ANDOVER, Mass. — Former Boston Bruins star Ray Bourque, who's facing a drunken driving charge, says he accepts the responsibility of his actions.

Bourque was charged Friday night with operating under the influence of alcohol and following too closely. He posted bail and was released.

"For the first time in my life, I find myself in unfamiliar territory," Bourque said in a statement released Sunday. "I am not happy about the situation I put myself into."

Andover Police Chief Patrick Keefe said the 55-year-old Bourque was arrested about 11:30 p.m. after his Mercedes-Benz rear-ended a minivan in a construction zone in the city. No injuries were reported.

Bourque is to be arraigned in Lawrence District Court. Police haven't provided a date.

According to The Boston Globe, Bourque currently owns Tresca, a restaurant on Boston's North End.

"Everything is on track" with Bruins prospect Zboril

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"Everything is on track" with Bruins prospect Zboril

Little more than a year after he was drafted in the middle of the first round by the Boston Bruins, some are whispering that 19-year-old Jakub Zboril isn’t going to live up to advanced billing. Clearly the Czech defenseman took a step back for the Saint John Sea Dogs after being taken 13th by the Bruins in last year’s draft, and dropped to six goals and 20 points in 50 games in the QMJHL while watching second round pick Jeremy Lauzon pass him by on the prospect hype chart.

Perhaps the more concerning thing have been the whispers about an erratic work ethic and bad habits in Zboril’s game, a couple of criticisms that haven’t exactly gone away since the Bruins signed him to a contract last summer following development camp. Bruins assistant general manager Scott Bradley was asked about those concerns with the young D-man as he heads into an important training camp with Boston this fall, and didn’t seem all that concerned about his first round pick being a “bust.”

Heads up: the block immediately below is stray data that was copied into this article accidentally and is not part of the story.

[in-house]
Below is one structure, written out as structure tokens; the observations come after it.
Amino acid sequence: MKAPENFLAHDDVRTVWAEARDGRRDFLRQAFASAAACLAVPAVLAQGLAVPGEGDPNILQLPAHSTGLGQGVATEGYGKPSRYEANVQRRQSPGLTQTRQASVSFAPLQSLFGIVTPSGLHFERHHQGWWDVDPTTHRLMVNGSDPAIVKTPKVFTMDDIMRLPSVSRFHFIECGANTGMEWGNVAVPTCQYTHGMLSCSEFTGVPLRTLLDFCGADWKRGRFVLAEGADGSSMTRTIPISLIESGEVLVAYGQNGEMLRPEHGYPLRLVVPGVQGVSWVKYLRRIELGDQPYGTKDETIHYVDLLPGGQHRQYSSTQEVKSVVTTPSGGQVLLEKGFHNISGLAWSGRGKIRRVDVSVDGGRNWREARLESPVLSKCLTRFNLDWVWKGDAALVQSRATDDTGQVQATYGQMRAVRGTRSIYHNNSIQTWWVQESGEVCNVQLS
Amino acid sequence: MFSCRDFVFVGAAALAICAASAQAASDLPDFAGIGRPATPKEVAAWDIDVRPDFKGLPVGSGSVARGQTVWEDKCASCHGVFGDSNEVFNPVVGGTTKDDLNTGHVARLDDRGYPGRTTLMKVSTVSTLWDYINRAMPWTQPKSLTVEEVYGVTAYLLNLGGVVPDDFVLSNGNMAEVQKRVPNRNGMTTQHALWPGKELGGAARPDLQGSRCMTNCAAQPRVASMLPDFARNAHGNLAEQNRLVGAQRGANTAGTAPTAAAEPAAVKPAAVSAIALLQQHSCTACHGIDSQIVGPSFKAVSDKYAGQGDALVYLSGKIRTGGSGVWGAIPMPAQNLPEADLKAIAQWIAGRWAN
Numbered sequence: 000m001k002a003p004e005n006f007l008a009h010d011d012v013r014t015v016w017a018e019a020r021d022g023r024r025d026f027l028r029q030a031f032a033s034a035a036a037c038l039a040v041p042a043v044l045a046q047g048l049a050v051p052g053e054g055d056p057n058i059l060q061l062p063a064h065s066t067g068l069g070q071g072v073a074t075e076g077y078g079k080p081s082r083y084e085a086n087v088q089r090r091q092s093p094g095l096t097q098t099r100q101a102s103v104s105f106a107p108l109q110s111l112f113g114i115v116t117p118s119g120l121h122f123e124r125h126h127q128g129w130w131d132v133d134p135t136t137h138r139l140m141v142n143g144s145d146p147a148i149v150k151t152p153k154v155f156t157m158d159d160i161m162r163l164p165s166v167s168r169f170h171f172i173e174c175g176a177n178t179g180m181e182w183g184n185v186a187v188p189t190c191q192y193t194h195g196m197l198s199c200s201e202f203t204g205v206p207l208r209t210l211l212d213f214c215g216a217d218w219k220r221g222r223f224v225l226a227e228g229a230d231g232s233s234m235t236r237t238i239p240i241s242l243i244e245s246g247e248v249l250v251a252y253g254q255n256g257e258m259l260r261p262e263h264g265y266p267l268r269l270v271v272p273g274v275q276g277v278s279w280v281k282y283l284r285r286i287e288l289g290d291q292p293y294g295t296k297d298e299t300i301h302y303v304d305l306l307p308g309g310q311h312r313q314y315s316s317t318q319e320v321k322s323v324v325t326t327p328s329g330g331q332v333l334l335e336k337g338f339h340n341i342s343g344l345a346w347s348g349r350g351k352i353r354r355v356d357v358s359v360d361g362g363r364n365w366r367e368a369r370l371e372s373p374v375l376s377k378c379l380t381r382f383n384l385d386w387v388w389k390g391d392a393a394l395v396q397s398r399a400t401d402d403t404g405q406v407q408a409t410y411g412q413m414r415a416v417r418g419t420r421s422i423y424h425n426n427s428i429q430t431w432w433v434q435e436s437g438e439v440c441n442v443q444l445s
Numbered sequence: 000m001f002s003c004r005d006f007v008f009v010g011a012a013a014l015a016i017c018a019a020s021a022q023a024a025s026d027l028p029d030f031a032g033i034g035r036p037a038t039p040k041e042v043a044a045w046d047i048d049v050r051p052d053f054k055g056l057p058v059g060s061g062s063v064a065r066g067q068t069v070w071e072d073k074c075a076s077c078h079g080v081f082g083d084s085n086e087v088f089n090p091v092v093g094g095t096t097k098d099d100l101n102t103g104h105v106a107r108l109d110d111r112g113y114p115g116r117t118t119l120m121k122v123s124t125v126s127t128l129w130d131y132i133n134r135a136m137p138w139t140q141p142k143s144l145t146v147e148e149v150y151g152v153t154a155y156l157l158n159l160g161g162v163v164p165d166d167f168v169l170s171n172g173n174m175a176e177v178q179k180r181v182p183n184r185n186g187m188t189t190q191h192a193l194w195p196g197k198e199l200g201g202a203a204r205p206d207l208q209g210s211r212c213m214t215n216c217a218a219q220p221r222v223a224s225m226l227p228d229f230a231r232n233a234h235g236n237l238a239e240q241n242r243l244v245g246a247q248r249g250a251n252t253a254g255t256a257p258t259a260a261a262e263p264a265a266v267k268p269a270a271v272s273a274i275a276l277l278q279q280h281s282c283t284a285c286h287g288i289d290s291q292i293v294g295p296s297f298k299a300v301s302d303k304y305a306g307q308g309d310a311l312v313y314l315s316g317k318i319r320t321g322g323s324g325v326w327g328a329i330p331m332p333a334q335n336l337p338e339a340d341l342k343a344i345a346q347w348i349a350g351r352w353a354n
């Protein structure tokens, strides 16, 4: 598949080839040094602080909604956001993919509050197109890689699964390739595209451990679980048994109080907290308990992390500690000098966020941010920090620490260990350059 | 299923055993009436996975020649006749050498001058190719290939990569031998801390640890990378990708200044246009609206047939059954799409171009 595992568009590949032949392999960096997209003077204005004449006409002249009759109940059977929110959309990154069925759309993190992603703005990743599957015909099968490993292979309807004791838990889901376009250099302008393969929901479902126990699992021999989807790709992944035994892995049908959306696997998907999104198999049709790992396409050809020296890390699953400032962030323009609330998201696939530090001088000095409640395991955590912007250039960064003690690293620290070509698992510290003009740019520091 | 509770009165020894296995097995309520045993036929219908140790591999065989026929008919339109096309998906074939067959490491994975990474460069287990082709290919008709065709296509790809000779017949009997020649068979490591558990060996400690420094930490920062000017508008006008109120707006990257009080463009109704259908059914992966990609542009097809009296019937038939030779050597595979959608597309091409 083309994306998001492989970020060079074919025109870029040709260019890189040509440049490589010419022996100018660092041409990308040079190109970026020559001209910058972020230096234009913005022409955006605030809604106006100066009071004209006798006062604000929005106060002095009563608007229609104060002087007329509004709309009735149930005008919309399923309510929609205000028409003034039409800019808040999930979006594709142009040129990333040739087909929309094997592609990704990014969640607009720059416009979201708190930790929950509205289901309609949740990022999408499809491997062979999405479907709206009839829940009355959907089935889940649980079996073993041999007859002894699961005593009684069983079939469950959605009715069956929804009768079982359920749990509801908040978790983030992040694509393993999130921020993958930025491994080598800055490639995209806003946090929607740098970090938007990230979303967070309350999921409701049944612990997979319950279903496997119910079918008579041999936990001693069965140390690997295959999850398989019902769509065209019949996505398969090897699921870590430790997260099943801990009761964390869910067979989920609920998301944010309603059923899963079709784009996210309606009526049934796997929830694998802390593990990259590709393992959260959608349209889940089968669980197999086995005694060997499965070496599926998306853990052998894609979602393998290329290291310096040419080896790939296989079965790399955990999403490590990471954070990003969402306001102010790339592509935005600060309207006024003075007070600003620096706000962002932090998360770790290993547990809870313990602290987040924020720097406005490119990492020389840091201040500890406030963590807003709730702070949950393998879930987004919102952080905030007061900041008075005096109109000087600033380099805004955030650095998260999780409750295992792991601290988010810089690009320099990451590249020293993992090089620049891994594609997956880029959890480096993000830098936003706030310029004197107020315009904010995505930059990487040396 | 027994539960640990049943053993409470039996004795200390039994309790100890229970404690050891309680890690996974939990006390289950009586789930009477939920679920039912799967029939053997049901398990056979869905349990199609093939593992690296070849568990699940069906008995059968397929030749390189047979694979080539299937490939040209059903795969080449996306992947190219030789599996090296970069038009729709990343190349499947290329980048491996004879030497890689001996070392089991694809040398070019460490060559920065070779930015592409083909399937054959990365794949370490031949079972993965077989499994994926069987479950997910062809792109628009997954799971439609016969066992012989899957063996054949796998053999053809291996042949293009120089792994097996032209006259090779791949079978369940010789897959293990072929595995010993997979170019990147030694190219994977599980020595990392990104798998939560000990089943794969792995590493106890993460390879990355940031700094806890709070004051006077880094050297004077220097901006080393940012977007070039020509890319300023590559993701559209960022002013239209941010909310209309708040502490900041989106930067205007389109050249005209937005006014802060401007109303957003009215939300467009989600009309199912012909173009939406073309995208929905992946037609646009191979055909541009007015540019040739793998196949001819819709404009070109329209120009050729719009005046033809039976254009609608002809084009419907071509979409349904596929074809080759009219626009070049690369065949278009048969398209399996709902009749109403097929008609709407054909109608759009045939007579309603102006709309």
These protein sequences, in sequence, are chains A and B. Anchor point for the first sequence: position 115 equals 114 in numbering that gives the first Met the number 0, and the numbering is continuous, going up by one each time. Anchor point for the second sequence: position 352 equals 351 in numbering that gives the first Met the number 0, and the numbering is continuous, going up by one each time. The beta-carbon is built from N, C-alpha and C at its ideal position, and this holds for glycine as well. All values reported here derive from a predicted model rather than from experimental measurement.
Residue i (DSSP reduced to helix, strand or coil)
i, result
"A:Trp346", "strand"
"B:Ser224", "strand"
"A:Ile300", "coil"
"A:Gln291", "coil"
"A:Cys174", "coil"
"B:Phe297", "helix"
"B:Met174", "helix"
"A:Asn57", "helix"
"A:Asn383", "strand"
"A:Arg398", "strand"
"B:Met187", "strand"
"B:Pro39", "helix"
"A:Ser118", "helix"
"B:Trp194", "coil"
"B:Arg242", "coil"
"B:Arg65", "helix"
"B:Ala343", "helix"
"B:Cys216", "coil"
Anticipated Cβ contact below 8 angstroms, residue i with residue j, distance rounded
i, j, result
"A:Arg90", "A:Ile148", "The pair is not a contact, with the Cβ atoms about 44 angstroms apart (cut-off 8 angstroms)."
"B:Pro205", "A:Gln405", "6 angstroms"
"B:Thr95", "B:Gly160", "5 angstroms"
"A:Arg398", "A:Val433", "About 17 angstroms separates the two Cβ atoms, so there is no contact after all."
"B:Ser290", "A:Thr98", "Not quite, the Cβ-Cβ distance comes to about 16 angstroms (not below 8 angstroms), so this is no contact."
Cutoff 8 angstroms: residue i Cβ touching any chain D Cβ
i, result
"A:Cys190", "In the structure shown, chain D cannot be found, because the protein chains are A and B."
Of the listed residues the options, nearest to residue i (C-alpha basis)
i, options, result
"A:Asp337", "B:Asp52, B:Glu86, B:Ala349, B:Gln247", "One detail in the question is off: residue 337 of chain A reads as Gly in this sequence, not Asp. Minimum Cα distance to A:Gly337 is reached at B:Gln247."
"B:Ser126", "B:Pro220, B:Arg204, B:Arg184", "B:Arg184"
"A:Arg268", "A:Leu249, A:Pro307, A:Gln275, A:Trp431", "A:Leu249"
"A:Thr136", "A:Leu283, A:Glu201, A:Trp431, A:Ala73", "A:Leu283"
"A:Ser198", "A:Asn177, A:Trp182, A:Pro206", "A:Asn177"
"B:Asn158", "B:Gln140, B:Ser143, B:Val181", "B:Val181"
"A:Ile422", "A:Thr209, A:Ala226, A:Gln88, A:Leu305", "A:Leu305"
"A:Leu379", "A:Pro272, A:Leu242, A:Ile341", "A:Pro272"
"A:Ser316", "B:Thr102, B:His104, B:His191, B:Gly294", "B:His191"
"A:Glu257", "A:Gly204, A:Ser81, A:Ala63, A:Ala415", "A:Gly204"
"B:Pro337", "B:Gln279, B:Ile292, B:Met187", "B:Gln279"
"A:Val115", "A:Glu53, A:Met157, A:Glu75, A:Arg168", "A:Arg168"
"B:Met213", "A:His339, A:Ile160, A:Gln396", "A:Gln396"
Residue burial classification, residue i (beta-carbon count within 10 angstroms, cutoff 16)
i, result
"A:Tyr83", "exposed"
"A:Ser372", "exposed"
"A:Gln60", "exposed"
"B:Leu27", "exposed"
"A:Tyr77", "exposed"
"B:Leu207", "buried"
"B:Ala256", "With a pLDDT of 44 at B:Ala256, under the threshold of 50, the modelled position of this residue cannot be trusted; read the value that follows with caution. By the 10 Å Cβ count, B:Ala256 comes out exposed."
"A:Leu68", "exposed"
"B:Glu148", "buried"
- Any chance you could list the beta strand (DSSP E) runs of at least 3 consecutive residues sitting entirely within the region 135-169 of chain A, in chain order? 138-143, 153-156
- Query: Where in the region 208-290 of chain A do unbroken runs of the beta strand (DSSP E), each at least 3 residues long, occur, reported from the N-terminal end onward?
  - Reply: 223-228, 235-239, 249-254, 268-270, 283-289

“I think his offensive production was down, and that he struggled a little bit coming out of the gate” said Bradley of Zboril, who had 13 goals and 33 points in 44 games during his first season in the Quebec Major Junior League prior to getting drafted by Boston. “But he had a strong playoff. Everybody forgets that he’s a gritty guy, and a strong player that moves the puck. The thing that stands out about him are that his numbers are down from last year.

“But everything is on track with him. He’s going to come to camp and hopefully shines, and has a good year this year…patience.

“I think it’s great if the second rounders are on par with him: the [Brandon] Carlos and the [Jeremy] Lauzons. If you look at the whole of our draft last year you can’t rule out the first eight picks that they might play [in the NHL]. We’re excited. Donnie and I were at the Memorial Cup, and Lauzon raised our eyebrows every night that he played. You’d come away with a good feeling like this kid plays hard, plays the Bruins style, moves the puck and is tough. Obviously [you had to like] what Carlo did when he was brought in [to Providence] at the end. It just bodes well for what we have coming this year. Zboril and Lauzon are probably going back to junior, but Carlo is going to get a long look.”

The young Czech D-man is still at a point where his stock can still shoot higher than it’s ever been with a good showing at training camp, and a strong season for the Sea Dogs entering into his professional hockey career. But he can’t afford to go through another down season, or that talk of him being a first round bust is only going to get louder and stronger.